Santeria/Afro-Cuban Religion

When African slaves were brought to Cuba to work on the sugar plantations, they brought their religious beliefs with them. Most of the slave population came from four major groups: Bantu from the Congo, Yoruba and later Igbo from Nigeria, and the Arara from Dahomey. The African religious pantheons all have a principal god plus other minor deities (orishas), and the Cuban transplants soon noted similarities with the Christian hierarchy of supreme being and saints as conversion was forced upon them in Cuba. This led to syncretism wherein, for example, the Catholic San Lazaro, resurrected from the dead by Christ, became connected with the orisha Babalú Ayé, ruler of contagious diseases. Thus, during the period of slavery, native religious practices could easily be camouflaged under the guise of Christianity. Contemporary Afro-Cuban religion has three main practices: Santeria, Palo Monte, and Abakuá. The first two are largely syncretized with Catholicism, African elements outweighing the Catholic ones, while Abakuá is a secret society for men.

Elegguá by artist Manuel Moinelo, MatanzasI read several articles on Afro-Cuban religions before the trip, as well as some collections of myths and stories about the various orishas. What struck me was the similarities with creation myths and folktales from other cultures, whether Greco-Roman, Celtic, Polynesian, or Chinese: the roles of the deities take familiar paths, and the gods seem to behave (often badly) in much the same way. In Santeria, as with other religious pantheons, we have a god of war (Changó) and a goddess of love (Oshún), a mother figure (Yemayá), a trickster (Elegguá), a divine hunter (Ochosi), a healer (Babalú Ayé), etc. The syncretism is a little more baffling but fascinating, my favorite being the Changó-Santa Barbara connection: the axe-bearing warrior (also a great dancer and womanizer) conflated with a third-century virgin martyr who was beheaded by her own father for converting to Christianity. OK, yeah, she carries a sword (the emblem of her martyrdom), and is the patron saint of artillerymen, military engineers, miners and others who work with explosives because of her association with lightning (a lightning strike killed her father, in retribution). But she was not a warrior, nor was she a man; Santeria lore explains this cross-sex connection with a story about Changó having to disguise himself as a woman to avoid some enemies. (Just like a guy!)

Our group was very fortunate to attend a lecture by Natalia Bolivar, the leading world scholar of Afro-Cuban religions, who gave us a history of these religious practices and an outline of the tenets and pantheon of the leading sects. Professor Bolivar also kindly donated copies of the English translation of her book Santa Barbara-Changó, and joined us for a book-signing session and our farewell dinner. Professor Bolivar was both erudite and accessible, and her depth of knowledge of and experience with Afro-Cuban religions were a great help to us in appreciating the visits we made and performances we attended during the trip.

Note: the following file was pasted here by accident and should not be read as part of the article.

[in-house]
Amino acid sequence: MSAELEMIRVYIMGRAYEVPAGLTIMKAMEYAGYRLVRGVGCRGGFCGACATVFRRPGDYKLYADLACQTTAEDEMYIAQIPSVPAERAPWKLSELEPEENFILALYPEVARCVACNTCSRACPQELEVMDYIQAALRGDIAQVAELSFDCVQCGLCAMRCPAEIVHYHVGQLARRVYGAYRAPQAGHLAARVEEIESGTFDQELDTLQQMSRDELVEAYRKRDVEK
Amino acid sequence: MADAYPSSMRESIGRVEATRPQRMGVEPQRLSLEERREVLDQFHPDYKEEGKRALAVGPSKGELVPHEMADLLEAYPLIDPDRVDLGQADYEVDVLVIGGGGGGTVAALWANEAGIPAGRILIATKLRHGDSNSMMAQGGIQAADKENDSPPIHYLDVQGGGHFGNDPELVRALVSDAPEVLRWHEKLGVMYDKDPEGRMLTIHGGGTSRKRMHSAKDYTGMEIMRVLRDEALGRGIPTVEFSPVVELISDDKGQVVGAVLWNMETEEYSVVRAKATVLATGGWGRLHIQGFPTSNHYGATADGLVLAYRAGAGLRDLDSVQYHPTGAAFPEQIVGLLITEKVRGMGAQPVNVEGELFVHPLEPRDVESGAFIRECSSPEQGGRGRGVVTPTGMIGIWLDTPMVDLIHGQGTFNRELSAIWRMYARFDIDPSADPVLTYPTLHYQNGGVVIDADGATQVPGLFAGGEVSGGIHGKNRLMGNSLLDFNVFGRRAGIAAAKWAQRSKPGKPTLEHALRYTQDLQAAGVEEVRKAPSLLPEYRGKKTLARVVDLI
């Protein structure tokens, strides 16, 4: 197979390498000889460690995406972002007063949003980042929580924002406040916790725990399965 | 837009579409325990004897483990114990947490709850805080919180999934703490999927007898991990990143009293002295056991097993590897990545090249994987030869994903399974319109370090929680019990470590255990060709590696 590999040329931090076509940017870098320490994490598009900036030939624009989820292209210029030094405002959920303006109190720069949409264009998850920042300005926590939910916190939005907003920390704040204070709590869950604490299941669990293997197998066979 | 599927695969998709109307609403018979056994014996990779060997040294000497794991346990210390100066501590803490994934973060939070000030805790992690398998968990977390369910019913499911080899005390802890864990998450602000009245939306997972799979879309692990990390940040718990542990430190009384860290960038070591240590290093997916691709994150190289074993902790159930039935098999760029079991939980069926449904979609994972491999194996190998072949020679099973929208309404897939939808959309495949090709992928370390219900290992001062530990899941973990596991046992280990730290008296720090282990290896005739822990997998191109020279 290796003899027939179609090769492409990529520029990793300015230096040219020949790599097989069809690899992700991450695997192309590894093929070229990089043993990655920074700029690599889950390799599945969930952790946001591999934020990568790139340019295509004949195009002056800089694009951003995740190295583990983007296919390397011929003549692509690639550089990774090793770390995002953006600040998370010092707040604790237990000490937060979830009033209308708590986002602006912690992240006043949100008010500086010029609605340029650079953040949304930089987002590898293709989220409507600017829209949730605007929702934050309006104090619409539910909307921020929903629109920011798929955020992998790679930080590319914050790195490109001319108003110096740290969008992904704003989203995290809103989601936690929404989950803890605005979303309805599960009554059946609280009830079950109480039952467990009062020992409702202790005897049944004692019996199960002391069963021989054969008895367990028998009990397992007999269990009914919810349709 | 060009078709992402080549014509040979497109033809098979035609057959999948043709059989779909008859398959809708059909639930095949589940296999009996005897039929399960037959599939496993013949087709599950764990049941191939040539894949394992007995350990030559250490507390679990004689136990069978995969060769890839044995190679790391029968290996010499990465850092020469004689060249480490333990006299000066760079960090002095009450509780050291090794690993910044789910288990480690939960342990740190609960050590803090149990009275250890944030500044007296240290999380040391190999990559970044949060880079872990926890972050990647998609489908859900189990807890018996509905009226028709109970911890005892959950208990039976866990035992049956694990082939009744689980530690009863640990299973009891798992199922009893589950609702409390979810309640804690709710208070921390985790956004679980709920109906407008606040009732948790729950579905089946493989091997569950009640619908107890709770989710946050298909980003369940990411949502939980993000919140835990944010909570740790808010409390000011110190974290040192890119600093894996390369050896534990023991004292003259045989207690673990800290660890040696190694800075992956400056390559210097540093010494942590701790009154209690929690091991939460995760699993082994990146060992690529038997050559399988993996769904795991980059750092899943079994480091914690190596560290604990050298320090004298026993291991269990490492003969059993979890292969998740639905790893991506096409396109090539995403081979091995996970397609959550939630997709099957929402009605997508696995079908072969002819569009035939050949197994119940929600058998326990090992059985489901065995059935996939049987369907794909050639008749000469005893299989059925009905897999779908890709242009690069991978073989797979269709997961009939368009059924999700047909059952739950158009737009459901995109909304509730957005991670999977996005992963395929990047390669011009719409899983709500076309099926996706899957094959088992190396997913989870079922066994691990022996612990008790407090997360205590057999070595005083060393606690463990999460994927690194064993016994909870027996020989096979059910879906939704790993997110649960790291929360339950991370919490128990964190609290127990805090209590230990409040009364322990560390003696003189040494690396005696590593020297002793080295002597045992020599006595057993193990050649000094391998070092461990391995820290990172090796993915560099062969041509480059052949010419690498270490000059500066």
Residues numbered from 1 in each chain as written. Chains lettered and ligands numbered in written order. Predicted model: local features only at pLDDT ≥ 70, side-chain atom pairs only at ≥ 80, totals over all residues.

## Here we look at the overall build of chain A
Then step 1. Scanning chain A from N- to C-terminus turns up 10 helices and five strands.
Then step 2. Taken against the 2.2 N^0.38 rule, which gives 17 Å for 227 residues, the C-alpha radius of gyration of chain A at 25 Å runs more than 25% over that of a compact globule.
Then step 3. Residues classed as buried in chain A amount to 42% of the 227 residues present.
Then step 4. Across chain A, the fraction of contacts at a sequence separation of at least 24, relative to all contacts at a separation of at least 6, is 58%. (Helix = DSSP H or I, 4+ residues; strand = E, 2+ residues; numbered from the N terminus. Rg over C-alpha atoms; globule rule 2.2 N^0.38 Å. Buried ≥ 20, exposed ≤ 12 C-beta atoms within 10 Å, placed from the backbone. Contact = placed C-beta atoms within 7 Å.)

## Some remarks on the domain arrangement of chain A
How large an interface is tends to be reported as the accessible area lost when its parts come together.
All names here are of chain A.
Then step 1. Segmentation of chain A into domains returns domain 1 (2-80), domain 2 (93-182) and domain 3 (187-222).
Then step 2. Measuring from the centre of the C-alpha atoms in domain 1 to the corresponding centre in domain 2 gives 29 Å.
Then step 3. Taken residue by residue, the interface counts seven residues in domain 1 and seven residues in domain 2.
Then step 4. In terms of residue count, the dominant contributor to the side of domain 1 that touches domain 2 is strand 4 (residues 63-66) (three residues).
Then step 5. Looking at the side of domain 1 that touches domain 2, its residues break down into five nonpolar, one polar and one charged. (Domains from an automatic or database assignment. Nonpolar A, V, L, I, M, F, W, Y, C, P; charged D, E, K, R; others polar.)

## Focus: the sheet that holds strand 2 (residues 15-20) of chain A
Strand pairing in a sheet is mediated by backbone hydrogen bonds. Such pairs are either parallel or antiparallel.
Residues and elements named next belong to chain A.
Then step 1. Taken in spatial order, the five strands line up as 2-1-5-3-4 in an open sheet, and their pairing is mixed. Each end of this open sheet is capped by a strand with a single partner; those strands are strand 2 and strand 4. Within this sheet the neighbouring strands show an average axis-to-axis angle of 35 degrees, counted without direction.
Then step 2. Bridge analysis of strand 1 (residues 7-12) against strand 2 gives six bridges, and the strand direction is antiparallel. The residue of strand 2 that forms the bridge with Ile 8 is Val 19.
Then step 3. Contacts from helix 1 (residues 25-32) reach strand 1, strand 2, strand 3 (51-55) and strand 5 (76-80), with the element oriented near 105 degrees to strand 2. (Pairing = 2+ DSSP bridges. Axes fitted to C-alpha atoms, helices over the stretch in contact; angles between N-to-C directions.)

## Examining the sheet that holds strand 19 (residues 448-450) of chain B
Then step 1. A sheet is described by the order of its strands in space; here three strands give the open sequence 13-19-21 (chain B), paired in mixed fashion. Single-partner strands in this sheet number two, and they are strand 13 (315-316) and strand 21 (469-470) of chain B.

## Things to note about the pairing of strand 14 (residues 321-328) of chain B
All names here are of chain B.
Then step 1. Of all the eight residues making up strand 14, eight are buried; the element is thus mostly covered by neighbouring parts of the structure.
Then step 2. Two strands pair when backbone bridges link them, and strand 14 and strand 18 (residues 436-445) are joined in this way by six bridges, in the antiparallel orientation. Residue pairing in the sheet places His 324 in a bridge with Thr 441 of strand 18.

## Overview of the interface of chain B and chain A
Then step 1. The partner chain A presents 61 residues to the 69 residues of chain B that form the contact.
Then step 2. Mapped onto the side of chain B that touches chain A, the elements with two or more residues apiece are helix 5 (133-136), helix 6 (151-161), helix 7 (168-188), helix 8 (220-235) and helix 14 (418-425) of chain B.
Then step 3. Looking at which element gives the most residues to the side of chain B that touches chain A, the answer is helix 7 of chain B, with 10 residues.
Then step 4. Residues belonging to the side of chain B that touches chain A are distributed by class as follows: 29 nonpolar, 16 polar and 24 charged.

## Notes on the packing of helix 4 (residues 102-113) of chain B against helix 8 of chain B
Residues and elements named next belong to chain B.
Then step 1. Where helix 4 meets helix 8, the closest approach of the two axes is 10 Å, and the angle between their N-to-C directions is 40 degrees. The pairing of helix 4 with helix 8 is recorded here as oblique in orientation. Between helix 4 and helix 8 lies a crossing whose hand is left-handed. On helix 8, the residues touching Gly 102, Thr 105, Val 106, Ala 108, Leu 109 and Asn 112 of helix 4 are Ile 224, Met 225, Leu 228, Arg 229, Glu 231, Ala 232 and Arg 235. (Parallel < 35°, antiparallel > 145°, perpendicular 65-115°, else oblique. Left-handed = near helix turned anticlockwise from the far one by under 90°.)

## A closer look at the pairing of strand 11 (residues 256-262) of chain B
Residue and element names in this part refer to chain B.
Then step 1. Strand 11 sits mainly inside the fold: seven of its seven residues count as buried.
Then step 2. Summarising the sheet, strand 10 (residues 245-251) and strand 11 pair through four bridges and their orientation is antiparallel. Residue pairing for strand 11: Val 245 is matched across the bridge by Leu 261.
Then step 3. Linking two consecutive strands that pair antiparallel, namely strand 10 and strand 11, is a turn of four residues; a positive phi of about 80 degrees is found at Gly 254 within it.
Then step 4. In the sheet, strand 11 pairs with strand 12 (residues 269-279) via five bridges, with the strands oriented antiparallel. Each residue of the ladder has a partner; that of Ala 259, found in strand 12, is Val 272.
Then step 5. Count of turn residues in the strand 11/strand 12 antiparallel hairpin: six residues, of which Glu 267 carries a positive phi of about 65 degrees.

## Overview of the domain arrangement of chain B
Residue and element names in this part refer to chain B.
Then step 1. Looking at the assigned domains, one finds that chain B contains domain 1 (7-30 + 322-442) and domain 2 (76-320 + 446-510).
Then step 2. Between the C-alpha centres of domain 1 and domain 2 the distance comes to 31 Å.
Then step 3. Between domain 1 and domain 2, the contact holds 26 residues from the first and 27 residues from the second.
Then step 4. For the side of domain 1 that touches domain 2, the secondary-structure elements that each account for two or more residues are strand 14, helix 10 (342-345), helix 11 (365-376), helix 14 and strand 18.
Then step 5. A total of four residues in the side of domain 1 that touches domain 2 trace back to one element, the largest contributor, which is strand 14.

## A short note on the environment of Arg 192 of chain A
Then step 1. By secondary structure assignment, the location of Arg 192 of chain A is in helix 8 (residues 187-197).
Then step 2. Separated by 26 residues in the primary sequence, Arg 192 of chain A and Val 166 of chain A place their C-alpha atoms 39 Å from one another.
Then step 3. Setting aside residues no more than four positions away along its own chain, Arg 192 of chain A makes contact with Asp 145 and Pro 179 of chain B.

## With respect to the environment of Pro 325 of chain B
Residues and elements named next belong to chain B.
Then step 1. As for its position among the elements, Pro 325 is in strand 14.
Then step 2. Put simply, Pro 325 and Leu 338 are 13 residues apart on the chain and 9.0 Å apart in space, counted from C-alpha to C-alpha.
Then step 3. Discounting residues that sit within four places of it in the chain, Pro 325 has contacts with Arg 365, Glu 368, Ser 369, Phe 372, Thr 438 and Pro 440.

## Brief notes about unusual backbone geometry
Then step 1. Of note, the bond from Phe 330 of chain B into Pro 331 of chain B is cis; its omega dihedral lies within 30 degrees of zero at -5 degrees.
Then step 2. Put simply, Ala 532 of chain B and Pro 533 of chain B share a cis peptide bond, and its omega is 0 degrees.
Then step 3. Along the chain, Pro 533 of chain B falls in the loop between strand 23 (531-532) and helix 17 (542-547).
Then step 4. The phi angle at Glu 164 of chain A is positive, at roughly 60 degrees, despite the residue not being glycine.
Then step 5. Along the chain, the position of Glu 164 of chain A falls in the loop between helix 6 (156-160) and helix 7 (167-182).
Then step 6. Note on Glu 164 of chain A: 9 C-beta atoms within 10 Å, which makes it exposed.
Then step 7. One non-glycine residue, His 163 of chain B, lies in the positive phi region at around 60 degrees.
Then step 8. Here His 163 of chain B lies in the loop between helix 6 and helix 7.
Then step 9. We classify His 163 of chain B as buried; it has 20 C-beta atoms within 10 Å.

Babalawo Octavio Rodriguez of HavanaThe first of these was a visit to Yoruba babalawo Octavio Rodriguez at his home in Central Havana, where he explained the use of the sacred batá drums and blessed our visit with a demonstration performance also featuring his wife and son. A respected community leader, Octavio provides advice and assistance to anyone in the neighborhood, and participates in one of two national councils of babalawo in Cuba to determine the annual proclamation of predictions and advice, "Letra del año," for the new year. As his "day job" Octovio performs with several different Havana musical ensembles.

Palacio de la Rumba, VedadoReligious music is an important part of Afro-Cuban ritual, with specific chants, rhythms and instruments; conversely, religious music has helped form the basis of Afro-Cuban popular music styles, such as son which fuses Spanish guitar and lyrical traditions with African percussion and rhythms. In Havana, we had our first taste of traditional Afro-Cuban music, at the Palacio de la Rumba in the Vedado district of Havana, a venue off the tourist beat with energetic performances and cheap drinks. (Actually, drinks are pretty cheap anywhere in Cuba...)

Shrine of San Lazaro, GuanabacoaWe also went to the La Hata neighborhood of Guanabacoa, an area on the outskirts of Havana that is the center of Santeria culture, to pay a visit to Enrique Hernández Armenteros (aka Enriquito de La Hata), founder of the Hijos of San Lazaro and one of the most prominent babalawo in Cuba. Afterwards we had a tour of the Guanabacoa Historical Museum, boasting extensive displays of artifacts from all of the Afro-Cuban religions (as well as one of the earliest American cars, a Cadillac, brought into Cuba!).

Hijos de Santa BarbaraIn Matanzas, one of the most important centers for Afro-Cuban religion, we visited the La Salsa Que Te Mueve for a performance by one of Cuba's most acclaimed folklore groups, Afrocuba de Matanzas. My favorite of all our Santeria-infused musical experiences, however, was at the center for the Hijos de Santa Barbara in the small town of Palmira, outside Cienfuegos. This is one of the oldest communities in Cuba, the building (and the rather gaudy statue of Saint Barbara) having been donated in the 19th century by the former master of one of the founders, in thanks for assistance she had given him. The intensity and energy of these performers left a lasting impression, as the dancers became totally immersed in their roles to allow communication with their orisha counterparts. Elegguá, the consumate trickster, stole our hats and scarves, exchanged bits of clothing with us and the other performers, and enticed us all to join them in the dance.

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